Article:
NASB Ecclesiastes 7:9
“Do not be eager in your heart to be angry, For anger resides in the bosom of fools.”
Once upon a time, in real life, I was driving a White Buick Space Shuttle down Reed Market and feeling quite righteously indignant.
Ok. I wasn’t righteously indignant. But I was very indignant. That much is true.
It was just about 7 years, long enough that I forget even what I was angry about. What I do remember is my 3 year old son being used by G-d to powerfully impact my life.
I had struggled with anger for years. Resentment brought on by a sense of unfulfilled entitlement… Bitterness about the unfairness of life as I perceived everyone around me getting what they wanted and “needed” while I believed I was left on the sidelines.
No matter which way I slice it, the truth remains.
I was an angry woman.
I fought with my husband constantly, sniped at my children and only put on the “happy” face for church and Important events. Like family gatherings or phone calls from friends.
My heart was foolish. Weak. Desperate.
We had begun our first year of homeschooling, #1 was five. I had started with a bang. Genesis 1 collages, story boards, Alphabet work sheets and Bible memorization. Starting with Ecclesiastes 7:9.
Because the boys were not getting along well. And they just needed the power of the Word.
(Sometimes hindsight makes me groan, sometimes it makes me giggle. There’s a little of both going on right now.)
“Do not be eager in your heart to be angry, For anger resides in the bosom of fools.” Those words were written firmly on my little 3 year old’s heart. And he could recite them beautifully. But I didn’t think for a moment that he truly understood them.
Until that afternoon as we drove down Reed Market and he listened to his mother snark about something. And then, probably when I inhaled to start a new tirade, I heard a sweet little voice say, “Mama, don’t be excited about being angry in your heart. Anger rests in the bosom of fools.”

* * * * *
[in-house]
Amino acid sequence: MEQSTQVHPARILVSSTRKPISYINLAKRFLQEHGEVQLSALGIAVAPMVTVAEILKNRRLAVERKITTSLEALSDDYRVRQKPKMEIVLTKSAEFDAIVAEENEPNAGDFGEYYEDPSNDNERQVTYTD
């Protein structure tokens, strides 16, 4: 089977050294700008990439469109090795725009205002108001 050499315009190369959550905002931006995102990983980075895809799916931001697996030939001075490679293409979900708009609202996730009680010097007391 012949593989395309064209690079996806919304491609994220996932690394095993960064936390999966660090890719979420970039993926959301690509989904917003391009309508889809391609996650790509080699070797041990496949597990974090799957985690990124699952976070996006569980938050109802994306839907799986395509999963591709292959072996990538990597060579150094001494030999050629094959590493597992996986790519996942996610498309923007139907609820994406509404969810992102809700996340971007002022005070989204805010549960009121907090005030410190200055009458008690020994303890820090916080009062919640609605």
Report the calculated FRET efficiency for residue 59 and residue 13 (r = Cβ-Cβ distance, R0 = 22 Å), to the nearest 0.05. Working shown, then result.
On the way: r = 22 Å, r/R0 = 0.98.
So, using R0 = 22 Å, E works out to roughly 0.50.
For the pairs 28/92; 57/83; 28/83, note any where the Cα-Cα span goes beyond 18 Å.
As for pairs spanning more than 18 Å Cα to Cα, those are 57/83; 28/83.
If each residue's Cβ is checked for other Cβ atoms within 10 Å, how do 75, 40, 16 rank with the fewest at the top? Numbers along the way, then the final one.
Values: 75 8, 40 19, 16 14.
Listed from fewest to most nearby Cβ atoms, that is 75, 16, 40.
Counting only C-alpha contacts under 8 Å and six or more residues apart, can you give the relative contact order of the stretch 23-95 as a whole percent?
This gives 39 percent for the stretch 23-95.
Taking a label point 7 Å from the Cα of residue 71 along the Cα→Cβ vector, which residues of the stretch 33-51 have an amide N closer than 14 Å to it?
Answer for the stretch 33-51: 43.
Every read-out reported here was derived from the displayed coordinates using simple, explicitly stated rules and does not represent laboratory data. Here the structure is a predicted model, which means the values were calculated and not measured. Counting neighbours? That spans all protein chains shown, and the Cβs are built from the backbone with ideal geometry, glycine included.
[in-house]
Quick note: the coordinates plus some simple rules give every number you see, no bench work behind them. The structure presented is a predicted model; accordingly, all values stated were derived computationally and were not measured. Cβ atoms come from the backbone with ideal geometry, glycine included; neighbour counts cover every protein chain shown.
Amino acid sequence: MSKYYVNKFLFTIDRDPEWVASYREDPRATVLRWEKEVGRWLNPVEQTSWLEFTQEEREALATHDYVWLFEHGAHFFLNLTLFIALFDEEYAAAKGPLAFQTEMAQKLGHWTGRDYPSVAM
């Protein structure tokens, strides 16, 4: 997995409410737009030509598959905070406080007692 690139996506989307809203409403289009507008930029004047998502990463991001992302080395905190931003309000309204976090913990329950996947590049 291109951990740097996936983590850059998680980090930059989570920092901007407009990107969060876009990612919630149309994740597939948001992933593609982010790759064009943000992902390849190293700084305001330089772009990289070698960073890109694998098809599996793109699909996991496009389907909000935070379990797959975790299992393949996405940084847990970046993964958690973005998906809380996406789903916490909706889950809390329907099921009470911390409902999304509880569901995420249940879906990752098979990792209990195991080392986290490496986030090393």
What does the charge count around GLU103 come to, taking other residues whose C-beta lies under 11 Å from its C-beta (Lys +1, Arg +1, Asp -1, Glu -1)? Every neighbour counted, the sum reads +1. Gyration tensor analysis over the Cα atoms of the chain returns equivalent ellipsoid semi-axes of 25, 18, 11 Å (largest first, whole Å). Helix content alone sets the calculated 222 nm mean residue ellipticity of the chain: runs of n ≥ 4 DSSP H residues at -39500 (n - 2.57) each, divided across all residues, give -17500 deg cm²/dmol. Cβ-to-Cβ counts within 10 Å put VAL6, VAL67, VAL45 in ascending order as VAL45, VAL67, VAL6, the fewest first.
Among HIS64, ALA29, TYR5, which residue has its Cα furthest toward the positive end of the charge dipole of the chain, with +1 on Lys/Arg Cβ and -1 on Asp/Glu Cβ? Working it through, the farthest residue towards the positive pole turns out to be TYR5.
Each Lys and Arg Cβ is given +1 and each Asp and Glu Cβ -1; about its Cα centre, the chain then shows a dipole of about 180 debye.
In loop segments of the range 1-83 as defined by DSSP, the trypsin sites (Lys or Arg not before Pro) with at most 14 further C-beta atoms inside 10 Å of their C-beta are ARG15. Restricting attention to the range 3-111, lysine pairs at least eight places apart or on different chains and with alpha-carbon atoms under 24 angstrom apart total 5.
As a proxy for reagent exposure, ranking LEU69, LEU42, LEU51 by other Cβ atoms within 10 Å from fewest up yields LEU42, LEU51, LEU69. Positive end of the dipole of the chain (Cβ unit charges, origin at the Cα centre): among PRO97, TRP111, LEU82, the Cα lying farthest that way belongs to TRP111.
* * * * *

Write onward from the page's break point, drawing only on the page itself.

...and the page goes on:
And, before I could get another word out, my heart, that very place where the anger was lodged was pierced, lanced, and supernaturally altered.
I was changed.
Just like that. For real.
Now, I’ve been angry since then. Sometimes justifiably angry. Times when cruelty struck those I love or unrighteous actions hurt people and created harmful situations. But the cancerous bitterness and irrational anger is gone.
Just. Like. That.
Anger rests in the bosom of fools. It is at peace in the deepest, quietest, most fundamental center of our being. And it makes fools of us.
Anger, no matter how it is provoked, should not be at rest in our spirit.
Sometimes anger is a motivator to remove ourselves from a dangerous relationship, situation or event. Sometimes we are angry because we believe we have been dealt with unjustly and desire a more reasoned and just solution.
Just as money is not inherently evil but it is, rather, the passion for its accumulation which produces all kinds of evil, so also does the ability to become comfortable with unresolved anger and rage produce ungodly and unrighteous behavior. Most notably, according to Ecclesiastes, it makes us become fools.
We need wisdom to know what to do with the power of anger. It is a force that can create horrific pain or define justice in an unjust world.
My prayer is that I would never forget that anger rests in the bosom of fools. I should never allow myself to be at peace with nurturing and feeding the anger that can so quickly destroy the wisdom G-d has given me. Liberally. Just because I asked. (James 1:5)